Ten More Easy Bird Songs You Know

By Scott Shalaway
THE KEY to learning bird songs is to build confidence by learning the easy songs first.

Recently I reviewed 10 common species that everyone who reads this column surely recognizes, even if they don’t realize it. This week I’ll describe the songs of 10 more birds that are easy to learn. It’s just a matter of knowing how to listen.

The American Robin is probably the most easily recognized bird in North America thanks, in large part, to its habit of hunting for worms in backyards.
Despite its familiarity, many people have never connected the bird to its loud, liquid, repetitious song. Listen for it early in the morning on the way to work and in the evening before dusk. It’s a lively song that, once learned, is difficult to ignore — “cheerily, cheer-up, cheerio.”

Arguably the most stunning bird in the eastern deciduous forest, the Scarlet Tanager, can be surprisingly difficult to see because it usually stays in the tree tops. Its song’s structure suggests a robin — repetitious, conversational phrases. But while a robin’s voice is clear and musical, a Scarlet Tanager’s tone is raspy. Many birders say the Scarlet Tanager’s song sounds like a robin with a sore throat.

Another easily recognized bird is the Northern Cardinal. Its crested head and bright red plumage make it familiar to even young school children. Its song can be complex and varied, but there is always a common component. Cardinal songs almost always contain slurred whistles. One of the most common songs in a cardinal’s extensive repertoire is a loud, “purdry, purdy, purdy.”

The boss at every backyard feeder is the Blue Jay. It’s big, loud and aggressive, and sometimes blue jays bully smaller birds. Blue Jays often announce their arrival vocally. They are excellent mimics and have an impressive array of songs and calls. The easiest to recognize are the loud, “jay, jay, jay,” and the softer and more peculiar, “queedle, queedle, queedle.”

Red-eyed Vireos are among the most common song birds in the eastern deciduous forest. Like Scarlet Tanagers, red-eyes stay in the tree tops, but unlike tanagers, their drab markings make them difficult to identify even if they pop into view. But they are vocally distinct. Red-eyed Vireos sing short, repetitious, conversational phrases. Often they sing continuously for minutes at a time, stopping only occasionally to catch their breath. For this reason, Red-eyed Vireos are sometimes called “preacher birds.”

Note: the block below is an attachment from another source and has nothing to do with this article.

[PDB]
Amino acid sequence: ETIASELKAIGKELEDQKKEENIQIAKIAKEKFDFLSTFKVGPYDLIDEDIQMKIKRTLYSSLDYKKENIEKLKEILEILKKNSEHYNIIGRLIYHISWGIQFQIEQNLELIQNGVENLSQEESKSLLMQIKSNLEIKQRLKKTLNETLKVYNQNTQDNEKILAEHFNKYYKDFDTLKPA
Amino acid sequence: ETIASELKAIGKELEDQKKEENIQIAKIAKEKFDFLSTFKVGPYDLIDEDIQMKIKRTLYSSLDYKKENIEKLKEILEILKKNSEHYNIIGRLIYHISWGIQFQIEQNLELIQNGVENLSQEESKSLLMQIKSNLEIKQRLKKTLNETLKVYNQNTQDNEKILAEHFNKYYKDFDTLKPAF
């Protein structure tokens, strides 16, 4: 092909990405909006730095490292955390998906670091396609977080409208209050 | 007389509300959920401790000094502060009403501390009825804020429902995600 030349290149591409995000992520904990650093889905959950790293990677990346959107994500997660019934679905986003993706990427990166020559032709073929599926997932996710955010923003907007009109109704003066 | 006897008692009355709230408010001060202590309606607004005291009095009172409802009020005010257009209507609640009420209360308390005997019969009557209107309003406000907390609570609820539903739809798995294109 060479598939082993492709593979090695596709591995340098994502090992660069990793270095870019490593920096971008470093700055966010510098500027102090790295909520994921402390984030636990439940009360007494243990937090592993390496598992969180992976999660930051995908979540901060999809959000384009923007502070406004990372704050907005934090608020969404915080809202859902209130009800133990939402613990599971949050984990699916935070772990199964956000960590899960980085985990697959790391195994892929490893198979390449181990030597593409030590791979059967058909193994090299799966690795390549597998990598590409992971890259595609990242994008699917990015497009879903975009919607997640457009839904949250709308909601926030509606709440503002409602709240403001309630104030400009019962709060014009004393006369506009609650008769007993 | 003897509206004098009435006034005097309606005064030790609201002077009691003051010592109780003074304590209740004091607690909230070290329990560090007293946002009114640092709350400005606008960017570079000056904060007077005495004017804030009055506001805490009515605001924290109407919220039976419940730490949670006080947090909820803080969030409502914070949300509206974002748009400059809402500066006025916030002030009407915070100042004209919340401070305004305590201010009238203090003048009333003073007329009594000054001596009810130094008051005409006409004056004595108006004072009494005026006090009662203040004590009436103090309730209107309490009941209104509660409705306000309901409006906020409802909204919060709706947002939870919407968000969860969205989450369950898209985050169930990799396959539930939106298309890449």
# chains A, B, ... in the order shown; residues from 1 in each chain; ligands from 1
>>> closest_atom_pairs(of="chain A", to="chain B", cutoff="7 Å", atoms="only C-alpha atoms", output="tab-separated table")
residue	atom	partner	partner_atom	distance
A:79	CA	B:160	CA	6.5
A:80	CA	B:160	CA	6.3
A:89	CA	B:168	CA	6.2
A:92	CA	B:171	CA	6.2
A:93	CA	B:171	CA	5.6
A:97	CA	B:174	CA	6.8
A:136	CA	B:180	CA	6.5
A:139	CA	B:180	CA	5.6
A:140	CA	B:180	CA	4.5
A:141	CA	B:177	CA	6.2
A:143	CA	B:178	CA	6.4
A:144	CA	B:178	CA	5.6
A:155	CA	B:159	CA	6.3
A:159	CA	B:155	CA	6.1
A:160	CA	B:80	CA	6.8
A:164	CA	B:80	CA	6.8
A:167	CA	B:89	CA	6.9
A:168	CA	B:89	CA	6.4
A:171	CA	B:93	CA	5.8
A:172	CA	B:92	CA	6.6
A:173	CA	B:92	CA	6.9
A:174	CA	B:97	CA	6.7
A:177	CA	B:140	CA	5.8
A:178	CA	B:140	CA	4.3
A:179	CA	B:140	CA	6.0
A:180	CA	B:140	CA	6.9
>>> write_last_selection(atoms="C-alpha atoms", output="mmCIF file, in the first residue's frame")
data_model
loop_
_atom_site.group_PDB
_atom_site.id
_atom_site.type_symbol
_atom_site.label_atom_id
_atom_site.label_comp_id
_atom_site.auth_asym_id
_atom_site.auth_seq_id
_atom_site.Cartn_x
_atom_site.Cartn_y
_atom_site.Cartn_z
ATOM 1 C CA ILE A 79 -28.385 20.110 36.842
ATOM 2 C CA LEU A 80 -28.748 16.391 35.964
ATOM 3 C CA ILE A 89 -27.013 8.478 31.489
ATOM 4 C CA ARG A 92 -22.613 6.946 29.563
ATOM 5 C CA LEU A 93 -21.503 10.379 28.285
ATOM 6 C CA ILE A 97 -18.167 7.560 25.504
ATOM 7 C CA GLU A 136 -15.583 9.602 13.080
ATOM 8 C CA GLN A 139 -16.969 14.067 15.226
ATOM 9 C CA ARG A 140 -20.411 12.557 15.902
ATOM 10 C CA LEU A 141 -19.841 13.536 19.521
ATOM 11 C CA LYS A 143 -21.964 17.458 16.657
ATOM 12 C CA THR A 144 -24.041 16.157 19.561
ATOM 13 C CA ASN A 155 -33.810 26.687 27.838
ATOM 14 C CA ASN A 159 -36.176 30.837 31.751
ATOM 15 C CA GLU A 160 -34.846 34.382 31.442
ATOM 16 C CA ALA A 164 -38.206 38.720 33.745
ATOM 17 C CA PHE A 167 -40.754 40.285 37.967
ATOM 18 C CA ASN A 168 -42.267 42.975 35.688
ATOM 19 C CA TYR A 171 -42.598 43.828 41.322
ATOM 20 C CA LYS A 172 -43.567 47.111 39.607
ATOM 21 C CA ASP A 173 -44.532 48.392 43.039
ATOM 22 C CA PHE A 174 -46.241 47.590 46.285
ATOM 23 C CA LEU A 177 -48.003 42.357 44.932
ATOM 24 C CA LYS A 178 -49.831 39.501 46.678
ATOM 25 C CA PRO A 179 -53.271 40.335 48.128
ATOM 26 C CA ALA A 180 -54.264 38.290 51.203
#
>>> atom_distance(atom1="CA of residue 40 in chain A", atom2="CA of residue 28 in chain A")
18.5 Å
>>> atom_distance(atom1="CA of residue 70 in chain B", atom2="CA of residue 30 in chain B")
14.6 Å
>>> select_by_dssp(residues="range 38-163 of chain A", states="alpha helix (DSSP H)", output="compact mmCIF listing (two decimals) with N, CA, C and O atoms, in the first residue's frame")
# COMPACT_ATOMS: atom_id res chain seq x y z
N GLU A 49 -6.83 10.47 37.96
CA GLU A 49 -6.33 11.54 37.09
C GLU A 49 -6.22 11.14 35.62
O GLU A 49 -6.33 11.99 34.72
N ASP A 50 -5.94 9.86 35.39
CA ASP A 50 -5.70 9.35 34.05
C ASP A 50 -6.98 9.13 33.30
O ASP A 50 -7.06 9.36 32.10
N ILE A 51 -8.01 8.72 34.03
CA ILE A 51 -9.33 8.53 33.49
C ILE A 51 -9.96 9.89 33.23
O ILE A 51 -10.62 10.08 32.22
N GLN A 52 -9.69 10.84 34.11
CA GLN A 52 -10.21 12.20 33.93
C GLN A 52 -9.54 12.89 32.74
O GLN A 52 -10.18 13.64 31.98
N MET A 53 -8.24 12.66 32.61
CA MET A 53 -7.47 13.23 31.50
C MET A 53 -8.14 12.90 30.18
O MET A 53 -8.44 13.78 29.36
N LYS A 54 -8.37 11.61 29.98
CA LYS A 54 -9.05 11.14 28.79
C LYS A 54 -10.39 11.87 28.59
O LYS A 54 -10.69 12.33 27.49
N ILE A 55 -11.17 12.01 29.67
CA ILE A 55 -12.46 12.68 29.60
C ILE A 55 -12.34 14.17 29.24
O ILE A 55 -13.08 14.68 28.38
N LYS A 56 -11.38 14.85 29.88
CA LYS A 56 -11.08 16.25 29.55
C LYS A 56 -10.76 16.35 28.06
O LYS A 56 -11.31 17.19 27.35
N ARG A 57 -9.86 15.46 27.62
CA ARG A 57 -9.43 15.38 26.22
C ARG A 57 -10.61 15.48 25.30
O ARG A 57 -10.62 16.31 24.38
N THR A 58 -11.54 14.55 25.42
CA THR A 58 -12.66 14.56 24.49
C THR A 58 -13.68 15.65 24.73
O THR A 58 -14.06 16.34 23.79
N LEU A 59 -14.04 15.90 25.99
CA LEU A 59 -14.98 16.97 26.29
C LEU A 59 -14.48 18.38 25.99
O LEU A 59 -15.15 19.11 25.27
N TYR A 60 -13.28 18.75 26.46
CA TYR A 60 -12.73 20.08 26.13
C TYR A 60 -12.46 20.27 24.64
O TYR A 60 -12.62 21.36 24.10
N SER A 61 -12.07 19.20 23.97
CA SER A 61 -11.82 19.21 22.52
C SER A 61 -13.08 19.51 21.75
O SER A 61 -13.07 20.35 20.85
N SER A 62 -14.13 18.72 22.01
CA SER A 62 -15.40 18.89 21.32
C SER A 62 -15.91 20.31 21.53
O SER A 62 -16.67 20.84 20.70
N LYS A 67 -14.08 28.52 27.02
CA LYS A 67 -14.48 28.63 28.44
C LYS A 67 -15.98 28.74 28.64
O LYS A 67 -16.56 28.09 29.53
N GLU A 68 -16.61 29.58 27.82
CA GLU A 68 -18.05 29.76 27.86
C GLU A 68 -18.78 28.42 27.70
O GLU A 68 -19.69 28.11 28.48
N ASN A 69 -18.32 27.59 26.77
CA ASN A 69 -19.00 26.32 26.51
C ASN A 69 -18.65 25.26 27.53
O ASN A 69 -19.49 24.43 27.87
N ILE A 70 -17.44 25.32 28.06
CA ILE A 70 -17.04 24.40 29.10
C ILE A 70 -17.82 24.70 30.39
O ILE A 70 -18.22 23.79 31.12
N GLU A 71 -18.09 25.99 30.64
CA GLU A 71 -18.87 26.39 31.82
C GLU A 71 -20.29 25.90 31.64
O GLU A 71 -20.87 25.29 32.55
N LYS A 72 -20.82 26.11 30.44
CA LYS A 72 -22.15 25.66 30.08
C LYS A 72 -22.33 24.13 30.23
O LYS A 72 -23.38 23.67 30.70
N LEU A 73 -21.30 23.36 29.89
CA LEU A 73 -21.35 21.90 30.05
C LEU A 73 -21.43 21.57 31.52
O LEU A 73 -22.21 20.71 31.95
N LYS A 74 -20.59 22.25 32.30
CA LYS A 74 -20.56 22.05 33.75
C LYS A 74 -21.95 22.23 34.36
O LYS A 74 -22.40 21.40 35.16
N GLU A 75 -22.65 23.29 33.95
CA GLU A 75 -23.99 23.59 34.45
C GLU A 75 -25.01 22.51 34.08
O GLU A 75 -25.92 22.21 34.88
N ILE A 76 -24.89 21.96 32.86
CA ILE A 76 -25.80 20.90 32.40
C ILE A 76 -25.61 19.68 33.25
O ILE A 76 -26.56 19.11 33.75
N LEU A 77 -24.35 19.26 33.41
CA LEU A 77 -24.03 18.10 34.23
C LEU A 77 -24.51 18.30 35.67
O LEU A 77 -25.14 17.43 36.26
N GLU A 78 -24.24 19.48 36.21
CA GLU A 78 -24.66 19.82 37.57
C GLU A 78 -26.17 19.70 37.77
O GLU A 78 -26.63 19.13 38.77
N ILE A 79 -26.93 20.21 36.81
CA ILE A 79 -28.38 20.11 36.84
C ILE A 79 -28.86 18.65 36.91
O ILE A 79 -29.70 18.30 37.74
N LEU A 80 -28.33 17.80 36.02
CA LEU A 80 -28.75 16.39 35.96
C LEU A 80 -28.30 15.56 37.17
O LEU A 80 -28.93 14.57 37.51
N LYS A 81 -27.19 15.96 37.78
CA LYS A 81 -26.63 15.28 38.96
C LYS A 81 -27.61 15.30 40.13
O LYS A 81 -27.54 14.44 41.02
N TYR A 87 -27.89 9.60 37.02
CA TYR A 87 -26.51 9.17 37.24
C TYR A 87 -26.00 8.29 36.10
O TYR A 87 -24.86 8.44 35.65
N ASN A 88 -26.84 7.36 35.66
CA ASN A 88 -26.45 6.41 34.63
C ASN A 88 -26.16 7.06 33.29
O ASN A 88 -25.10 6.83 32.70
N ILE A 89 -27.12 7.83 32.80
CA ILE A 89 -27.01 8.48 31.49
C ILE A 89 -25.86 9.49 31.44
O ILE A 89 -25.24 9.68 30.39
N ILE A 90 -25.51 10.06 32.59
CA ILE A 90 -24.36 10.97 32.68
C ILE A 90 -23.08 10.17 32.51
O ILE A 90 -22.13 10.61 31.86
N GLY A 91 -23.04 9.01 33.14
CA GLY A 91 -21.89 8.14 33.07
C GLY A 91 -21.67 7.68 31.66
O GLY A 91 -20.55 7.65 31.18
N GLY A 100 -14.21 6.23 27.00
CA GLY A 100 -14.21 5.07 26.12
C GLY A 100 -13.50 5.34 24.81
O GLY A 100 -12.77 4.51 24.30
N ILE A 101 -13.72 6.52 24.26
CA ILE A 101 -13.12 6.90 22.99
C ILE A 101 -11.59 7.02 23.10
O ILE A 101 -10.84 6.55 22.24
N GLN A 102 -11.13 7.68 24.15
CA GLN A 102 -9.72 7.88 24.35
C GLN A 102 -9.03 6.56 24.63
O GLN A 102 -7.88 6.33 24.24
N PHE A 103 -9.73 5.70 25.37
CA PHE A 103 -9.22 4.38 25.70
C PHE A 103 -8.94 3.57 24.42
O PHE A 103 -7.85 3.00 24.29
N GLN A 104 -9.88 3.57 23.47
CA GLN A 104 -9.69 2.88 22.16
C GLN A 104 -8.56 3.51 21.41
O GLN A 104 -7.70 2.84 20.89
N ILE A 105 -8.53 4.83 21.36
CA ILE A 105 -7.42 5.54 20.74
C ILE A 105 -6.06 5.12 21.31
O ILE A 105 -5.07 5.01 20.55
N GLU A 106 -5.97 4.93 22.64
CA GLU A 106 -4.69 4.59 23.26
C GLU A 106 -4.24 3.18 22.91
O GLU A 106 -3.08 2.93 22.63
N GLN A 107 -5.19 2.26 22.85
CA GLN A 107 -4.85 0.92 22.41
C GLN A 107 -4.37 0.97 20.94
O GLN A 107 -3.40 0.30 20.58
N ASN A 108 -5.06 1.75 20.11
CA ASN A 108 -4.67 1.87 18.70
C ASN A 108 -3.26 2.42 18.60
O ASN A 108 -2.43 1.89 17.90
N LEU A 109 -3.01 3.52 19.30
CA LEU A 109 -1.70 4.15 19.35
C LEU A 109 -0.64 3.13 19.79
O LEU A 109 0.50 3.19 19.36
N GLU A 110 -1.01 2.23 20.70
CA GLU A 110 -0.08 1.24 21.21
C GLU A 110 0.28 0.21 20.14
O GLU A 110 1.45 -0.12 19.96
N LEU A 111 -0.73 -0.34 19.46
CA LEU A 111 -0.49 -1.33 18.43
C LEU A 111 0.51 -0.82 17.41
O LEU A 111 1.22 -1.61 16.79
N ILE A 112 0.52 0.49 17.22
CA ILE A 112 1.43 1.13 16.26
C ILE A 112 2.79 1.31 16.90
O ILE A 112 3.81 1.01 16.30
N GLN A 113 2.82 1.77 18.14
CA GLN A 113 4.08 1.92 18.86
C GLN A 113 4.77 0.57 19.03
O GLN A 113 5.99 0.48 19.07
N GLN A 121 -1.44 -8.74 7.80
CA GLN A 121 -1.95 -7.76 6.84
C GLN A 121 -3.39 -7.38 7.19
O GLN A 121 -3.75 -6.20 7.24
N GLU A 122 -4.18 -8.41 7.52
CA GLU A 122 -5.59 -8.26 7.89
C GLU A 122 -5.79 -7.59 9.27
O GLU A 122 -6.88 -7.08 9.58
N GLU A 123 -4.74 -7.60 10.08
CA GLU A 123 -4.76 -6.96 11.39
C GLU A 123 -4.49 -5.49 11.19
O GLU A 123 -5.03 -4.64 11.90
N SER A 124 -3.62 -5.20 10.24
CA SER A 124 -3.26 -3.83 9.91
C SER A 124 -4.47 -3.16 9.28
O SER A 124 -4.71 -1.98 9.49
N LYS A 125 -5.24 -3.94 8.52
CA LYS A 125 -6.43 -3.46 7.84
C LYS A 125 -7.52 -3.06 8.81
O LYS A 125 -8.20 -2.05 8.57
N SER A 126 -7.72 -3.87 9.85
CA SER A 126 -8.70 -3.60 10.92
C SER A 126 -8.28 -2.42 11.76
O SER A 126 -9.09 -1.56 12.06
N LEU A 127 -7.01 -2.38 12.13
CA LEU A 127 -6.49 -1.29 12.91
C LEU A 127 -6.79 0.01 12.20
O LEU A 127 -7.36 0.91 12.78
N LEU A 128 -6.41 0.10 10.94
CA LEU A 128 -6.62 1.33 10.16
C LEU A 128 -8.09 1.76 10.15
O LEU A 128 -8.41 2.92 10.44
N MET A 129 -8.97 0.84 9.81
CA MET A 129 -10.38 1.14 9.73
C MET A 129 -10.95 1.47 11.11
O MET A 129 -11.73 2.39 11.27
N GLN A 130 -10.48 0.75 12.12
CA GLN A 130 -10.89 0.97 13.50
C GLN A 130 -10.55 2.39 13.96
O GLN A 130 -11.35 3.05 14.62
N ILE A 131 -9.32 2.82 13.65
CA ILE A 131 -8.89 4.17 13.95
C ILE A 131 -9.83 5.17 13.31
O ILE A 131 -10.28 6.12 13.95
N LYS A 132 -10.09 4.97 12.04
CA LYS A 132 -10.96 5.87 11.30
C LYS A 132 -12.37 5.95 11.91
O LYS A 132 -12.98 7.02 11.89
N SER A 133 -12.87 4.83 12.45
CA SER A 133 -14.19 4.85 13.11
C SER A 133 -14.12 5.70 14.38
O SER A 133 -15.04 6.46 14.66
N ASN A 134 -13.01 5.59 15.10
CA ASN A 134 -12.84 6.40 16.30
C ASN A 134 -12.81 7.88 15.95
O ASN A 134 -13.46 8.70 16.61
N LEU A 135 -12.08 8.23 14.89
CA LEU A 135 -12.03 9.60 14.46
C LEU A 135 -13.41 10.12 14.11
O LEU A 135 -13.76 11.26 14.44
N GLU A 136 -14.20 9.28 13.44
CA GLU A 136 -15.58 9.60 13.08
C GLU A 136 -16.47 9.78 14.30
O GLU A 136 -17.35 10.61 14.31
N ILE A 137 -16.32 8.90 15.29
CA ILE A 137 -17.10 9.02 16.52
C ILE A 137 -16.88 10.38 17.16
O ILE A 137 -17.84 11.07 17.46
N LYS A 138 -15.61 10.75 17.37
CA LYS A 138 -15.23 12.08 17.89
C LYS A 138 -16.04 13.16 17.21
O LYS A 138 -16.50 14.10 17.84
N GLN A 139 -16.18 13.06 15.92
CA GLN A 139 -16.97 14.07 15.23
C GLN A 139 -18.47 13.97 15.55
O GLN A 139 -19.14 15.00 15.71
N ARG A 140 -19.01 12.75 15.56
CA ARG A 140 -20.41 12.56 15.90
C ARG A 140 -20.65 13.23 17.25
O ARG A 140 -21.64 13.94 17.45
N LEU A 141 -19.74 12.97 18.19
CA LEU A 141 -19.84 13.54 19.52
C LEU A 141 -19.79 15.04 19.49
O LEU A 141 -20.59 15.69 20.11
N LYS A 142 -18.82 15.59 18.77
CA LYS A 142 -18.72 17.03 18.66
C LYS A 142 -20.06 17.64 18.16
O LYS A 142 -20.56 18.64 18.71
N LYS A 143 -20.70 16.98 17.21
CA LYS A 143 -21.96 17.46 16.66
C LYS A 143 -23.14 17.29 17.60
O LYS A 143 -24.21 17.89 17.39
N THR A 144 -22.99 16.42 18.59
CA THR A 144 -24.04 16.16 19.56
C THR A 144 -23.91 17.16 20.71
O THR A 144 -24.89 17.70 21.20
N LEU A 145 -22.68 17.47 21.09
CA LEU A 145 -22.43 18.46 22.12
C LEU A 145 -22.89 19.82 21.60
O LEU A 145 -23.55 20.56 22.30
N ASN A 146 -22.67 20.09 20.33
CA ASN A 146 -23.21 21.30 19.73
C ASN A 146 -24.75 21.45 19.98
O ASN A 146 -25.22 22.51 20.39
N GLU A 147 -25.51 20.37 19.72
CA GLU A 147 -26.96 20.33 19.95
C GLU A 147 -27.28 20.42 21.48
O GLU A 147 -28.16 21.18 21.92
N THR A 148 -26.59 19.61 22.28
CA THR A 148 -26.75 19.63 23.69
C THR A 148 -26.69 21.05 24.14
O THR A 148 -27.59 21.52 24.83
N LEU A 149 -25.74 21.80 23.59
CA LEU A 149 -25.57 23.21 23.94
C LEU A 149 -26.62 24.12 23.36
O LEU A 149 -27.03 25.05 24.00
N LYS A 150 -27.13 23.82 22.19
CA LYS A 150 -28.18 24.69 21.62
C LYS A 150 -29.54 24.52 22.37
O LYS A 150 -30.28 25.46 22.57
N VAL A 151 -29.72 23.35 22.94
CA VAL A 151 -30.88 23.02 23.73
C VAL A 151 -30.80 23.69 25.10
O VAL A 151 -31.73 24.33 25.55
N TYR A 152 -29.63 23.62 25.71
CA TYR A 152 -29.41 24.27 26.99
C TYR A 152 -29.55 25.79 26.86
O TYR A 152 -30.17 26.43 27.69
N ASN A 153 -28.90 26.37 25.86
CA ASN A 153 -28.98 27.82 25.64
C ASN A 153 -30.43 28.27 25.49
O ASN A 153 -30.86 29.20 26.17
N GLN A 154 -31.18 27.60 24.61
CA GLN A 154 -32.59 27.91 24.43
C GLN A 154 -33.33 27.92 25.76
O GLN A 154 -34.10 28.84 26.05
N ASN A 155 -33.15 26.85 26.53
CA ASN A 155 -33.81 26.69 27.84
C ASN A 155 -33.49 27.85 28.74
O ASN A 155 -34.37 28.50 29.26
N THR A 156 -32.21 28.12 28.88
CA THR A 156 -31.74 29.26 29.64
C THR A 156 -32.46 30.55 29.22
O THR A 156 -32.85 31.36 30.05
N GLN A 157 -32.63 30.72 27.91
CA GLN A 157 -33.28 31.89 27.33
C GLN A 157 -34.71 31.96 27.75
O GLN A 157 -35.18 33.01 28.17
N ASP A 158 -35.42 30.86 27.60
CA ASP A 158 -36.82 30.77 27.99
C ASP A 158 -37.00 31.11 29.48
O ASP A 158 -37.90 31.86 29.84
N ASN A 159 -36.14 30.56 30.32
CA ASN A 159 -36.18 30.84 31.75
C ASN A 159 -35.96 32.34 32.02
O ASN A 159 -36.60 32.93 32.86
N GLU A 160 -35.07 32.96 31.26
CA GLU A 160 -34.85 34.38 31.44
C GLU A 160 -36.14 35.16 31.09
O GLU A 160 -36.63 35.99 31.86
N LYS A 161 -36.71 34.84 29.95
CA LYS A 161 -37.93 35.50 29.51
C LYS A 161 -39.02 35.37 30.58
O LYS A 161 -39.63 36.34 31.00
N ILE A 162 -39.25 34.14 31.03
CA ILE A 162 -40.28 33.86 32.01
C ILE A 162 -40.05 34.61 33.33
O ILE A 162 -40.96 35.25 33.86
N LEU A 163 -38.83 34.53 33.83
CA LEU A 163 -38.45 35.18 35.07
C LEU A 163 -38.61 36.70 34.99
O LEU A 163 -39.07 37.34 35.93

The Eastern Towhee song is one of the easiest to master. With its black head and rufous sides, a towhee resembles a robin and is sometimes called a ground robin. The towhee song is a loud invitation to, “drink your tea!” And one of its call notes suggests its own name: “ta-wee.”

Carolina Wrens nest in empty cans, buckets, old boots and abandoned mail boxes. Their white eye line and rich brown color distinguishes them from the smaller mousey brown House Wrens that will return in about a month. Carolina Wrens sing loud triple notes — “tea-kettle, tea-kettle, tea-kettle,” or “chirpity, chirpity, chirpity.”

Chipping Sparrows inhabit backyards all across the continent. They like open lawns with scattered evergreen shrubs. Look for these plain-breasted, rusty-capped sparrows to return by mid April. Their song is a distinctive, high-pitched, monotone trill.

In a few weeks the evening skies in towns and cities across America will be swept for flying insects by Common Nighthawks, dark robin-sized birds with bold white wing bars. Look for them at ball games just after the lights come on. And as they soar, listen for a distinctive nasal, “peent.”

The final bird in this week’s lesson is the Yellow Warbler, a common warbler as likely to been seen flying across a country road as on a nature trail. When Yellow Warblers return in a few weeks, listen for them along forest edges, in old fields and near wetlands. The song is pure and rapid, “Sweet, sweet, sweet, I’m so sweet.” –Pittsburgh Post Gazette

EDITOR’S NOTE: For more instruction, consult the excellent CDs in “Birding by Ear” and “More Birding by Ear” (Houghton Mifflin’s Peterson Field Guide Series).